So there’s may be a button for your hip little secret item. Right next to buttons for official items. Does that lessen the charm?

Even when a secret item isn’t explicitly listed on the cash register screen, ingredients have specific prices. If you’ve ever asked for extra anything, you probably saw it as a line item on the receipt. That you can pay more to get something the way you want it is no secret.

McDonald's secret menu prices

4. They can cost more than they should

If it’s not on the official menu, the company probably hasn’t convened a room full of important strategy people to think about how the item can make money. It probably hasn’t trained its army of low-wage workers in how to price out your weird little craving.

That means the employees might not have any idea what you’re talking about. Then you’re the guy holding up the line for something stupid and unusual and they’re feeling pressured to get you out of the way. They have to guess at what to press to tally up your order, whether they can take a regular menu item and sub something out, whether it’s better to individually price out ingredients, whether you can actually make a combo with that. Once they price it, somebody has to figure out how to make it.

Depending on your attitude, and their experience and generosity, you may get a deal or you may pay more for the same thing from one visit to the next. And the price isn’t listed anywhere, so it’s hard for you to argue or even know what it should be. Your $10 Meat Mountain could end up costing $29, with some assembly required.

Cheese fries are not on the Five Guys secret menu

5. Some of them are just fake

So you find a cool secret menu item online and you’re ready to boldly request it. You want the Five Guys cheese fries, wink wink. Judging by the actual comments for that particular listing, here’s what happens…

  • You get a funny look, like you’re stupid. They tell you that doesn’t exist.
  • You insist that it’s online, and people said it’s a thing, and you want it. Can you ask someone else or grab the manager?
  • The manager tells you that your photo and listing are fake, since “A. they are served in a cup in a brown bag…not on a tray. B. There is no oven or microwave at any Five Guys location, so there is no way to melt the cheese!”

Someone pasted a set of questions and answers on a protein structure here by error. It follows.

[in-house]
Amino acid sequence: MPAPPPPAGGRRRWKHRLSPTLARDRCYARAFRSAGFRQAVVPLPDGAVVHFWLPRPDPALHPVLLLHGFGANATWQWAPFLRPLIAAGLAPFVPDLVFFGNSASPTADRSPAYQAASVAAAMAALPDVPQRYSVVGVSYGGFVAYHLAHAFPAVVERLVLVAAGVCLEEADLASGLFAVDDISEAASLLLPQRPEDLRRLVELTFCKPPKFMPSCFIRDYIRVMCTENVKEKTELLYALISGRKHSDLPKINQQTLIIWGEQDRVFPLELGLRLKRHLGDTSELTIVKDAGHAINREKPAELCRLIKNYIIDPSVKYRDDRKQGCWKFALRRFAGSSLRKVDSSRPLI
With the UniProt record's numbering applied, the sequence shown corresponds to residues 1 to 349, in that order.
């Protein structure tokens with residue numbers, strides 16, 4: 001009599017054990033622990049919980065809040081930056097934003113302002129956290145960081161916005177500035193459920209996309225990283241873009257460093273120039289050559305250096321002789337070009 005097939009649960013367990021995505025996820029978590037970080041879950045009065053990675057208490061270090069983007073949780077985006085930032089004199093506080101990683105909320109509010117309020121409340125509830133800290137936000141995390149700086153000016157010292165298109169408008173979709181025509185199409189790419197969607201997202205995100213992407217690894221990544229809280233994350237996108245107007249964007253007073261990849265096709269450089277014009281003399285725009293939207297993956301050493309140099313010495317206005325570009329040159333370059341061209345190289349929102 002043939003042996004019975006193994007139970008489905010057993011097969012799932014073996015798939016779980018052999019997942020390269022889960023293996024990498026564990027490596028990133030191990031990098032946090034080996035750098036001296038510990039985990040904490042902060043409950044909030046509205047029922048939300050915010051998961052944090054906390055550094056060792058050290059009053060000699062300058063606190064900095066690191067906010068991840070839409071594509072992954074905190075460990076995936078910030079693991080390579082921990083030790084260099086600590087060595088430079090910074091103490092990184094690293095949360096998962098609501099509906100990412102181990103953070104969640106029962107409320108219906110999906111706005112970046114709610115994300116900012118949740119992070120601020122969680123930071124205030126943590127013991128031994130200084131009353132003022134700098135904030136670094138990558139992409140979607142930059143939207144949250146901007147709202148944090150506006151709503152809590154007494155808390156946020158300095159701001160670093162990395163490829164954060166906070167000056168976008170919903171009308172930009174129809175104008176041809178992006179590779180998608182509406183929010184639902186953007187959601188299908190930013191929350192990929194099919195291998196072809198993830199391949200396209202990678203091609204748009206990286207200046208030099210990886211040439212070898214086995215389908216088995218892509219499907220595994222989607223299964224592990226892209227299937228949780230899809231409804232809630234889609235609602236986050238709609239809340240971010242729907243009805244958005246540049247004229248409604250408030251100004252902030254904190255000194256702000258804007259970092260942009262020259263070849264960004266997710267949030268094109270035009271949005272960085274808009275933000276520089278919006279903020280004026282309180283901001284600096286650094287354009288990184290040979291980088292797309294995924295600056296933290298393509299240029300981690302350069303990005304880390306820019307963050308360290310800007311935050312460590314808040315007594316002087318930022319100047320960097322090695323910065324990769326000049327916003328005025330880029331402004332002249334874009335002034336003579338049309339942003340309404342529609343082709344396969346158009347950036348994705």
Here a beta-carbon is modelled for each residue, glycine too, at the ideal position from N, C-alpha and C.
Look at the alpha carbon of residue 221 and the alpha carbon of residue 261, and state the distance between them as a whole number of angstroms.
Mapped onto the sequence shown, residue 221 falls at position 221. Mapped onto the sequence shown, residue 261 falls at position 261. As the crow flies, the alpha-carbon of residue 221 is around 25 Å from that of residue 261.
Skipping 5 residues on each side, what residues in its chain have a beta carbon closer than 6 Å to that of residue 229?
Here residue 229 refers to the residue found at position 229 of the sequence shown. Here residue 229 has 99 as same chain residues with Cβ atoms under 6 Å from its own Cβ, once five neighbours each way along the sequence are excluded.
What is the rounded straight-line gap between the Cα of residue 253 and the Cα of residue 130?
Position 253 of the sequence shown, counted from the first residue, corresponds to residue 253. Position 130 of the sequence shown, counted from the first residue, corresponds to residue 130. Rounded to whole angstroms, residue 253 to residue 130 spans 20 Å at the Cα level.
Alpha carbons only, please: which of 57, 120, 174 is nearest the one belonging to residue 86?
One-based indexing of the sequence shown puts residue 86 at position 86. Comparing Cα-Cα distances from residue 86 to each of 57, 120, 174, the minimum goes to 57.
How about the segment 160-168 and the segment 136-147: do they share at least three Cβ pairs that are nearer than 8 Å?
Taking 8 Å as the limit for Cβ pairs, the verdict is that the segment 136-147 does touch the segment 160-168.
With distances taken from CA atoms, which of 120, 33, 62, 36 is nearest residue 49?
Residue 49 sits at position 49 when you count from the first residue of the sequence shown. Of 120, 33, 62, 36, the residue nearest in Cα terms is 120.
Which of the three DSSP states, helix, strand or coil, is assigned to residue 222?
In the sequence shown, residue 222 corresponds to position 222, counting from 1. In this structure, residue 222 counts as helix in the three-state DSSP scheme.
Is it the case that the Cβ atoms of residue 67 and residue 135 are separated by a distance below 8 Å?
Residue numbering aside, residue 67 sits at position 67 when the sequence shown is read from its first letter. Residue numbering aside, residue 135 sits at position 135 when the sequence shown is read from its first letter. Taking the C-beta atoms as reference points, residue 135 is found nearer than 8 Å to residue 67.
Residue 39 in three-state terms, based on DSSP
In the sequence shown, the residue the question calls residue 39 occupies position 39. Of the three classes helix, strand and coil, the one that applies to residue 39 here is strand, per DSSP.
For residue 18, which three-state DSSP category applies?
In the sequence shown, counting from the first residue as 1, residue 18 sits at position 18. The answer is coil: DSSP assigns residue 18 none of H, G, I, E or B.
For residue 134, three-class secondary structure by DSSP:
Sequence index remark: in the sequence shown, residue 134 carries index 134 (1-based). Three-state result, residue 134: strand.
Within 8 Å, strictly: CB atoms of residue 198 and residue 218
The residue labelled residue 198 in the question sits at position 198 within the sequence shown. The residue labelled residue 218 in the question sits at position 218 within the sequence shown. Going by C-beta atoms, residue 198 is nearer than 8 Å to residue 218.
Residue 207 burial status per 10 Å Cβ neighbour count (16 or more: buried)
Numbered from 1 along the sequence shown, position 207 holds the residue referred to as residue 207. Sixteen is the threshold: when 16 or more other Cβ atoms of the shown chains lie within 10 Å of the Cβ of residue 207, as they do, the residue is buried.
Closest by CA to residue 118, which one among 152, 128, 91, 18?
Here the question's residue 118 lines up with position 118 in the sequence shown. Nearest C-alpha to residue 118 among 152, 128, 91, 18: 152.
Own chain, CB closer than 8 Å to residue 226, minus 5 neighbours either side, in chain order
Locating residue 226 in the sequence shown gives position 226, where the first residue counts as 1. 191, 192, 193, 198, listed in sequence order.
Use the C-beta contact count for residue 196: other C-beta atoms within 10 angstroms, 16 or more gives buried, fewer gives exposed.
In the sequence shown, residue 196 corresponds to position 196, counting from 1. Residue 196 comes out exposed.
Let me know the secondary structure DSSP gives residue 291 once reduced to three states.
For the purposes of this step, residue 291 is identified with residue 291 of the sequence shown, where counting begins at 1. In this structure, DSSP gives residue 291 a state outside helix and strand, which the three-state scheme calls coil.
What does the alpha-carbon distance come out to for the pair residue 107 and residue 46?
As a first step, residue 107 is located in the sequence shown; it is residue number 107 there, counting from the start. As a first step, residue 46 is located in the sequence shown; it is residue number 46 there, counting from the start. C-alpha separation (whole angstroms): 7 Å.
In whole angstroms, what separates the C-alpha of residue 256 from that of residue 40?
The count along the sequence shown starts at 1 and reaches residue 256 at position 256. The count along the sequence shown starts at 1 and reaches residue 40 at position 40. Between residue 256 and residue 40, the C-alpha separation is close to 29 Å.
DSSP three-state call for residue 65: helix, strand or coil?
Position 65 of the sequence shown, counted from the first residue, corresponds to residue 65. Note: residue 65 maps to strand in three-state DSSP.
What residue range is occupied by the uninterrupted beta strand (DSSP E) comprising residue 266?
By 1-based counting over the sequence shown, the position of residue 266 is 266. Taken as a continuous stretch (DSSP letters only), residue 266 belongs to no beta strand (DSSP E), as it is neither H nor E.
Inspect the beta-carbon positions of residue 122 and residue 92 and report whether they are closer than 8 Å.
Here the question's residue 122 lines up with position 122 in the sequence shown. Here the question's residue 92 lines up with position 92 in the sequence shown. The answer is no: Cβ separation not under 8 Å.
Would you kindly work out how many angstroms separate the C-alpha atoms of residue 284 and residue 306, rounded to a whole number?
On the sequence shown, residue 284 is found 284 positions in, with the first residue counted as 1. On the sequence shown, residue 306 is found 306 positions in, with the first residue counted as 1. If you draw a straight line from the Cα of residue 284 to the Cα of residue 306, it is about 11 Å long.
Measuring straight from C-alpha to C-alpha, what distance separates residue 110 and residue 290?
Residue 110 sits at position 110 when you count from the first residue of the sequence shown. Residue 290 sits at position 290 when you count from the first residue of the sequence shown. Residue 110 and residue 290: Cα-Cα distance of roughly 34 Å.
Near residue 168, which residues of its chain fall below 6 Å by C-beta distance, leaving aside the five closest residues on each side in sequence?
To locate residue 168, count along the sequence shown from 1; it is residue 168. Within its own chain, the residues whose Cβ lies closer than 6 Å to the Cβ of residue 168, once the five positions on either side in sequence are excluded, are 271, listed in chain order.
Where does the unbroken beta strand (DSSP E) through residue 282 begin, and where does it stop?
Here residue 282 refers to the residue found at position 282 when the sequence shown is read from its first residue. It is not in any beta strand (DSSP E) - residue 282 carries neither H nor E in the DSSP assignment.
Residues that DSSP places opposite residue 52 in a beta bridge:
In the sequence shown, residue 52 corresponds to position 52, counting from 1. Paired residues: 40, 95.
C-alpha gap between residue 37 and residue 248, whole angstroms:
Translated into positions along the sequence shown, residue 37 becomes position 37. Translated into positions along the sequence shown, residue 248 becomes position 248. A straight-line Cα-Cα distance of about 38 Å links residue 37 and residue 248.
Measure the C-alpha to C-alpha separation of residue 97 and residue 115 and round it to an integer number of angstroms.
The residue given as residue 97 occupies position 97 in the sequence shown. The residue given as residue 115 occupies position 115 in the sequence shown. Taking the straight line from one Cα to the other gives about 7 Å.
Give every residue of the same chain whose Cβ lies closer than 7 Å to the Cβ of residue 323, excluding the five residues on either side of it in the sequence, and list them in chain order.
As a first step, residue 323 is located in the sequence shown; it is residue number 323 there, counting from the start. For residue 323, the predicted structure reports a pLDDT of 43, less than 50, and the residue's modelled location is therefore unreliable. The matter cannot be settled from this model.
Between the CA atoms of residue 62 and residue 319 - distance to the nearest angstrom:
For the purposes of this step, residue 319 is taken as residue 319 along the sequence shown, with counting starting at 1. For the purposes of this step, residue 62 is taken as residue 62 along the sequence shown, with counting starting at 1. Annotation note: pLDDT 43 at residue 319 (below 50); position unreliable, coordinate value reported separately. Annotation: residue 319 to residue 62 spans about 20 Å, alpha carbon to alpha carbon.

• Desperate, you point out that they put cheese on burgers and it melts. Can you get a cheeseburger, and they scrape the melty cheese off and put it on the fries?
  • They tell you that corporate doesn’t allow that and they could get in trouble for it.
  • You leave disappointed.
  • You go back and post a comment on the secret menu site, something like “fake garbage website.”
On In-n-Out's secret menu: 100x100

6. A lot of them are just plain gross

You know why they don’t list the Monster Mac on the regular McDonald’s menu? You know why that’s not a No. 4 combo?

Because it looks disgusting and has an estimated 1,370 calories. (Take the difference between a cheeseburger and double cheeseburger, multiply by 6, add to Big Mac.)

For comparison, a regular Big Mac has 530, and a double Quarter Pounder has 740.

And as if you could even fit that in your mouth or eat it like a normal human being.

Then there’s the guys who got In-N-Out’s 100×100. There are photos. They split the 19490 calories between eight people.

Anything like that on a secret menu should stay a secret.

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Meet the Author

Brandon Ballenger

Brandon Ballenger


Ballenger is a writer for Debt.com and its first political columnist.


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Article last modified on January 3, 2018 Published by Debt.com, LLC . Mobile users may also access the AMP Version: There's no such thing as a secret menu - AMP.